Nearly 10 years ago, a theme park in New Orleans East called Jazzland opened with much fanfare. It closed slightly more than one year later after its international operator pronounced it a failure. Six Flags next tried its hand, but Hurricane Katrina flooded the park in 2005, and the company, which has since filed for bankruptcy, never reopened it.
Now a new Baton Rouge-based company called Southern Star Amusement wants to redevelop the park and, according to a consultant with the project, has signed a letter of intent with a big-name partner—Nickelodeon Recreation, a division of the popular children’s television network. To help finance the deal, it has filed for $100 million in GO Zone bonds from a quasi-city agency in New Orleans that oversees the property.
It’s an ambitious move for an upstart company with no real track record in the theme-park industry and a CEO who flies below radar. It was as recent as late June that Southern Star Amusement was officially incorporated as a Baton Rouge company. And it has some questioning how a new player on the scene hopes to succeed in a location that has been a chronic trouble spot for the Crescent City and at a time when major theme-park operators are selling off properties and filing for bankruptcy.
New Orleans city leaders are cautious in their reaction. They like the idea, but say it’s one of many plans on the table and has a long way to go before becoming reality. Industry observers are downright skeptical.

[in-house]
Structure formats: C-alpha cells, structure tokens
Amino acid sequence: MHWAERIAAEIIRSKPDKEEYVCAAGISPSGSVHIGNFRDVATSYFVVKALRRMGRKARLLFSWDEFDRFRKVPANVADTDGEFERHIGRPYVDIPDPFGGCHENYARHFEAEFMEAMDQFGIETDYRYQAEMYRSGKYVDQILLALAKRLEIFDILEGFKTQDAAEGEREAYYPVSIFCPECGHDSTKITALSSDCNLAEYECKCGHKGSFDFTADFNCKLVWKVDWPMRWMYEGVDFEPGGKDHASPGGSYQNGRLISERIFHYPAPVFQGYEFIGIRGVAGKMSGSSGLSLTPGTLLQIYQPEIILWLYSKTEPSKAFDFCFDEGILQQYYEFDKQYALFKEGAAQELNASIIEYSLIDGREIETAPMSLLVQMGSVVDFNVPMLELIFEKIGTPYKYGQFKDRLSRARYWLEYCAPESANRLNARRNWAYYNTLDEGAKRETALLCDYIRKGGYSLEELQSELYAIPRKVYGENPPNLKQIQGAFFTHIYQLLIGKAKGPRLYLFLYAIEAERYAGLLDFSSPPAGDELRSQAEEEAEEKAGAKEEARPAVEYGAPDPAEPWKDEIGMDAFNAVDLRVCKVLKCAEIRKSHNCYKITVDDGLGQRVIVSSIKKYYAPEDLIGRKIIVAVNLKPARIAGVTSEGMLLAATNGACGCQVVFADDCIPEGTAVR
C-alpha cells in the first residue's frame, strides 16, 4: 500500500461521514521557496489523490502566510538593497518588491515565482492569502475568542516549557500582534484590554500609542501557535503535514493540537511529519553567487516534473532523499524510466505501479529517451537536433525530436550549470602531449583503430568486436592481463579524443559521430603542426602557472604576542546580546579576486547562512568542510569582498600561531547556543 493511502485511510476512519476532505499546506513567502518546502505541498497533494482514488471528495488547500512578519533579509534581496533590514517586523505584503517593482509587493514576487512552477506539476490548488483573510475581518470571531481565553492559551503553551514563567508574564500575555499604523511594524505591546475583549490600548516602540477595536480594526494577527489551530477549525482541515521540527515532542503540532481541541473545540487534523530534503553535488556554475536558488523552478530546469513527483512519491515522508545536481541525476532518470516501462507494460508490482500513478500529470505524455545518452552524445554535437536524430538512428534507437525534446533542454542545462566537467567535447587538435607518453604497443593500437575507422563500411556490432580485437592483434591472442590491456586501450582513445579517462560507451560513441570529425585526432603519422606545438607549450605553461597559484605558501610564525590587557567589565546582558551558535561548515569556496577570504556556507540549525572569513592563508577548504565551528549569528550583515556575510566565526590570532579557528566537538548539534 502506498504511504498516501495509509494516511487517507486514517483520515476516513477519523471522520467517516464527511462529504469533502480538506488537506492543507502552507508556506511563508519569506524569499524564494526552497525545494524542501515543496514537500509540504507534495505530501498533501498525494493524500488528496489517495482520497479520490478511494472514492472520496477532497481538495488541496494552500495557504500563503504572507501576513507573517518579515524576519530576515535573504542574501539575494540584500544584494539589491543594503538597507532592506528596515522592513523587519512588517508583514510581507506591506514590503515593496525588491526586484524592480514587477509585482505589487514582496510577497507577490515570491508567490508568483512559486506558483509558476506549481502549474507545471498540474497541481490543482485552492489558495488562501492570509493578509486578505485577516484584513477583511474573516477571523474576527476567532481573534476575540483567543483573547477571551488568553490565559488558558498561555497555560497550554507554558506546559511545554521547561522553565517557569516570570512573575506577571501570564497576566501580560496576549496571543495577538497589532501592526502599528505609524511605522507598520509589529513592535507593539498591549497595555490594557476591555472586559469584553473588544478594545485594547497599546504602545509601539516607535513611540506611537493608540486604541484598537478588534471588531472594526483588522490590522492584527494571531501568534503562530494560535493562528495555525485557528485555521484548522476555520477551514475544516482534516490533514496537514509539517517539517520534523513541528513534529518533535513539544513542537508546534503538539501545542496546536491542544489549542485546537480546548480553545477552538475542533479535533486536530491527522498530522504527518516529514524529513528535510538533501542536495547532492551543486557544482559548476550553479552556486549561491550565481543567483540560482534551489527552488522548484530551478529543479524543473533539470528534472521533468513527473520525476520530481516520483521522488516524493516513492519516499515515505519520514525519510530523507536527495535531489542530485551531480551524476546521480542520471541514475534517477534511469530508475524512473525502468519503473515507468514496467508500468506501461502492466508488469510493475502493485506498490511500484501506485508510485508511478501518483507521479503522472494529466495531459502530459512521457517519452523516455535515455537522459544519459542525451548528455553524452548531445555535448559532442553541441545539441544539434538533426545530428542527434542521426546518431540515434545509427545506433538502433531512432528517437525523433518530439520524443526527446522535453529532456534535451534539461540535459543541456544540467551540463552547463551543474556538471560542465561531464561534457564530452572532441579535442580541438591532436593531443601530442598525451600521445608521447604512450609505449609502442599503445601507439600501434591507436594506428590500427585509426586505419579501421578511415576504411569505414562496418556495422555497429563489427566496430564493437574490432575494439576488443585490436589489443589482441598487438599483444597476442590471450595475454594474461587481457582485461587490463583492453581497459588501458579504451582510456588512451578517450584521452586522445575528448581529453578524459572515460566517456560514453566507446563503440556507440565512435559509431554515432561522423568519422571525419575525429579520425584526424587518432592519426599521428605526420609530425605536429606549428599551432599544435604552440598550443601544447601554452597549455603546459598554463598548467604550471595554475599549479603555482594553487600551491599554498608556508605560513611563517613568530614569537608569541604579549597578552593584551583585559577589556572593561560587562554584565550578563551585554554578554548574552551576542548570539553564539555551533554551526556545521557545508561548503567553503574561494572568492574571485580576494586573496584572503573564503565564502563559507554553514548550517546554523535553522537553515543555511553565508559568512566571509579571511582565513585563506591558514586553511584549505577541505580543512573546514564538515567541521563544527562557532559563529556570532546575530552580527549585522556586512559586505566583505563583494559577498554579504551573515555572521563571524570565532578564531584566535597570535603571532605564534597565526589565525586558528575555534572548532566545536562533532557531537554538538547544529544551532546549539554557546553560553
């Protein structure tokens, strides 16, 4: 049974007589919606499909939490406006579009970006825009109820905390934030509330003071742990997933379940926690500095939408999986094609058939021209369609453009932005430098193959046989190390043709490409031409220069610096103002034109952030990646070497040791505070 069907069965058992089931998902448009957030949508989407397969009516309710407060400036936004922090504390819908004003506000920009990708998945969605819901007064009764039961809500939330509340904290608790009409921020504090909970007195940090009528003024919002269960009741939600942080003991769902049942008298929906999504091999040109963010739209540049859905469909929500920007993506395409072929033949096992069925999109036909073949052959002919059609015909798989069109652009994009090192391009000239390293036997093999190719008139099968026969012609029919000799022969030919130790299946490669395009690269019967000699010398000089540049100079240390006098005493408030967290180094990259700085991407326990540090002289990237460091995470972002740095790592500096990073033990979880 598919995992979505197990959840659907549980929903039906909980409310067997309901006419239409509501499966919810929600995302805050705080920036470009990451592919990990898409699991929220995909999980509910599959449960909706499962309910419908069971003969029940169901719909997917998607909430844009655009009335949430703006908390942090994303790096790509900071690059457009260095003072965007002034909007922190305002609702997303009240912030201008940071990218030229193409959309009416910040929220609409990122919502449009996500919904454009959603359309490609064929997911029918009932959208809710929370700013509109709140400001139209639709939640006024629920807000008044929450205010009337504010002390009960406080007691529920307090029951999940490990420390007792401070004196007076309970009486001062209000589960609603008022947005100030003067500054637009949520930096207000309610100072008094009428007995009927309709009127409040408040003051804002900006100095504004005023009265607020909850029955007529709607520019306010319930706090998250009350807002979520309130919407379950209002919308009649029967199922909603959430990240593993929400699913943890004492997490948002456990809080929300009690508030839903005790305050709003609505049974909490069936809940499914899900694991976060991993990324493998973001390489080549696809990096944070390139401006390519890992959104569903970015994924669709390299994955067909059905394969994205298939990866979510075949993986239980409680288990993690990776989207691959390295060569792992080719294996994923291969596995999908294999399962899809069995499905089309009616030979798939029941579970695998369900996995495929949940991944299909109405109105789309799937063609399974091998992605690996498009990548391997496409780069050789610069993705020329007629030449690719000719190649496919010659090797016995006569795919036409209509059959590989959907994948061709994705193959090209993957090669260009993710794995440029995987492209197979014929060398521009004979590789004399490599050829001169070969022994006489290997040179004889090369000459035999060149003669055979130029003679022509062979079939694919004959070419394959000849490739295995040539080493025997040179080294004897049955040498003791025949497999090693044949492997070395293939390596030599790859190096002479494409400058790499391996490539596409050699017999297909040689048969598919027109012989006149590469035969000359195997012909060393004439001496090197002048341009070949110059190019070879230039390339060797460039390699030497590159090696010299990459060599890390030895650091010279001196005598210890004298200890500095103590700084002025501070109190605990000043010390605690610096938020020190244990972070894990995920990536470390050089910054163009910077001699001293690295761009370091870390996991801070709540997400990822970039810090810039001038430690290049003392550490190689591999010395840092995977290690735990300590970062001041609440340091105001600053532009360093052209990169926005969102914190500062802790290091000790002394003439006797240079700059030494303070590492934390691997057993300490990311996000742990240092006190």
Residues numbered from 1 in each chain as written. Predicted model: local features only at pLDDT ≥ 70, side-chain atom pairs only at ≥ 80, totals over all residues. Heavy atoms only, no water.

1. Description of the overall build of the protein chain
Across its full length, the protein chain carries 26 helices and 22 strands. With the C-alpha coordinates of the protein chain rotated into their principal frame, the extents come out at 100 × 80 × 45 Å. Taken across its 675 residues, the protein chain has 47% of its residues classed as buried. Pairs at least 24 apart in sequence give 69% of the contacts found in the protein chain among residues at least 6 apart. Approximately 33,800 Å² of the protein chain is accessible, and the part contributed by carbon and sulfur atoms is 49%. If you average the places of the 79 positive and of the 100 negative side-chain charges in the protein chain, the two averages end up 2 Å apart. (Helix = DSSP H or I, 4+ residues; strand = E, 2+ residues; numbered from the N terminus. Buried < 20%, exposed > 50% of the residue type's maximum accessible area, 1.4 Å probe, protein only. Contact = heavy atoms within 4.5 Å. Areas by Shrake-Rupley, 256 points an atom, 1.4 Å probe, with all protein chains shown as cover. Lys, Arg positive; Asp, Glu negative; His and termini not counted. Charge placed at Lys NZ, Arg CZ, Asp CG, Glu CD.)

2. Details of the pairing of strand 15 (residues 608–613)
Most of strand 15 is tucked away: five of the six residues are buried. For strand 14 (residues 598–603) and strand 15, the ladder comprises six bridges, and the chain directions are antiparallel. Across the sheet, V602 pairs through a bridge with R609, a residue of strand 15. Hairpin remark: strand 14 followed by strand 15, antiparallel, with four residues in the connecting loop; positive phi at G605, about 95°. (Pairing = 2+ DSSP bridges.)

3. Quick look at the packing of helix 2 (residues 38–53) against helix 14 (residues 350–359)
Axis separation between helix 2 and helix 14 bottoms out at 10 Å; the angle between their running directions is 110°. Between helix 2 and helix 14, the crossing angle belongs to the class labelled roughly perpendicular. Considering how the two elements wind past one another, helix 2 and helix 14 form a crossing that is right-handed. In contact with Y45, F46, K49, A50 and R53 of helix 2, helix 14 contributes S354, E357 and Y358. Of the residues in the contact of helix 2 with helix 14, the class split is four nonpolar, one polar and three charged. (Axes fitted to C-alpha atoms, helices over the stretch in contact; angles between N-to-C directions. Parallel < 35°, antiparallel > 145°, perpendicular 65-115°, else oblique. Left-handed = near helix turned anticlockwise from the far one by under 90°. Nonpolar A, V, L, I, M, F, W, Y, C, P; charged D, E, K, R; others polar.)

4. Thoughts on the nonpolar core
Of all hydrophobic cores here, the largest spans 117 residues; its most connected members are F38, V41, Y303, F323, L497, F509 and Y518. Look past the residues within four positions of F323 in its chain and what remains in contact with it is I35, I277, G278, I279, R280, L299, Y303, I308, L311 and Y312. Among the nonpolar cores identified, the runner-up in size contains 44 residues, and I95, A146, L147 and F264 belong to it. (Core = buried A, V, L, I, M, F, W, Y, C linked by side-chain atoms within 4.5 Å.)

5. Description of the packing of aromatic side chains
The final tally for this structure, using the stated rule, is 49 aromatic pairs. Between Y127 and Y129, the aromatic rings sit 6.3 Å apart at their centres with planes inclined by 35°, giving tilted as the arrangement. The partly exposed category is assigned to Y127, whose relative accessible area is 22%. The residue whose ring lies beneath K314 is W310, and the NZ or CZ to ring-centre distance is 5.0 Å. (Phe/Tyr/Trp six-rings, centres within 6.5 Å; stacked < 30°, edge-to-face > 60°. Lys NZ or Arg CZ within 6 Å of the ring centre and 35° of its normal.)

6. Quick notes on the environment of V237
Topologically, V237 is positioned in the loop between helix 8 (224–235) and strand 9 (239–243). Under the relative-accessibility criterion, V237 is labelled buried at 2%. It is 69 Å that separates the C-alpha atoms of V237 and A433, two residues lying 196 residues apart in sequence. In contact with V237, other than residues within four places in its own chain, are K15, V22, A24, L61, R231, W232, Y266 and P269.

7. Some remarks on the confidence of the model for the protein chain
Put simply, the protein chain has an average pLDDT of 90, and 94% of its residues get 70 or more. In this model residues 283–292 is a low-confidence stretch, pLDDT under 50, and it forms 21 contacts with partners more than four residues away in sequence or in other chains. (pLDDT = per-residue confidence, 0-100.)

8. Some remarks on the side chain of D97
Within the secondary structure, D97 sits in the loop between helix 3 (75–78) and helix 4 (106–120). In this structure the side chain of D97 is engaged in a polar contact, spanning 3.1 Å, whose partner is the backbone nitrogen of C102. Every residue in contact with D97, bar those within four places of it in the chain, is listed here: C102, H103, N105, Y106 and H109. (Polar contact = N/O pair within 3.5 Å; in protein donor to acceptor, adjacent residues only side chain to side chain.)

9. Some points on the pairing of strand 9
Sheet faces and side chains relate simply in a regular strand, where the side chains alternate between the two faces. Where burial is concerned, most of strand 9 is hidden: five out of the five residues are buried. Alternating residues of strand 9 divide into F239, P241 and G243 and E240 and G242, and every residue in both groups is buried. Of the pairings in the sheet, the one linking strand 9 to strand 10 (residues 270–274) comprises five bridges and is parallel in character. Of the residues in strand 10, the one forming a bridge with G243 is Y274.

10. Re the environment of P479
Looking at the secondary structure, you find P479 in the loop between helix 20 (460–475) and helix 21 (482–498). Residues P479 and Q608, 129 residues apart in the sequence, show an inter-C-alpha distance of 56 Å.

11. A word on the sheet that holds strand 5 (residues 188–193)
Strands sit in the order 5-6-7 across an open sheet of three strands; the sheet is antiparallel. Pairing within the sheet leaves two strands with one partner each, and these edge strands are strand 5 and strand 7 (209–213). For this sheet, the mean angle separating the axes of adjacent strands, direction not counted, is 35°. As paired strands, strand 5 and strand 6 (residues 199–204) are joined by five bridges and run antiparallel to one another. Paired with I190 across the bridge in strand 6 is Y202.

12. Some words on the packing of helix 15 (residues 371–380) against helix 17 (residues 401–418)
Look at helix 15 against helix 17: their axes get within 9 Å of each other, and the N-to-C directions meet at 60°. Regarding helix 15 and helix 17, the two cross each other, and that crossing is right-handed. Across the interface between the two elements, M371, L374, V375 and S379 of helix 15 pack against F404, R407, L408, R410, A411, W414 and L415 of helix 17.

“This thing is going to be tied up for a while, and they’ll never get the financing to back this project based on its history,” says Dennis Spiegel, an industry consultant with International Theme Park Services in Cincinnati. “It just doesn’t make sense.”
Southern Star officials beg to differ. The company’s CEO, Danny Rogers, 58, is bullish on the market and predicts the redeveloped park, with its themed attractions and water rides, will be a world-class facility on the caliber of Disneyland in Anaheim, Calif., and Walt Disney World in Lake Buena Vista, Fla.
“People are going to come from all over to come to this place,” he says. “This is going to put that park on the map in no uncertain terms. That may even be a bit of an understatement.”
So just who is Rogers and his Southern Star Amusement? The company first surfaced publicly in 2008, when it announced through media releases its intentions of trying to acquire Six Flags New Orleans from the parent company and redevelop it. Promising to pump $70 million into the park, Southern Star’s plans called for adding a water park and doubling the number of rides and attractions at the property, which has been closed since Hurricane Katrina in 2005.
In media reports at the time, Rogers identified himself as a California native who got his start working at carnivals as a pre-teenager. He described Southern Star Amusement as an unincorporated business that was based out of his home in Bay St. Louis, Miss., and said he was working with potential investors on the project. Nothing ever materialized, however, and late last year the company issued a news release that it was disbanding.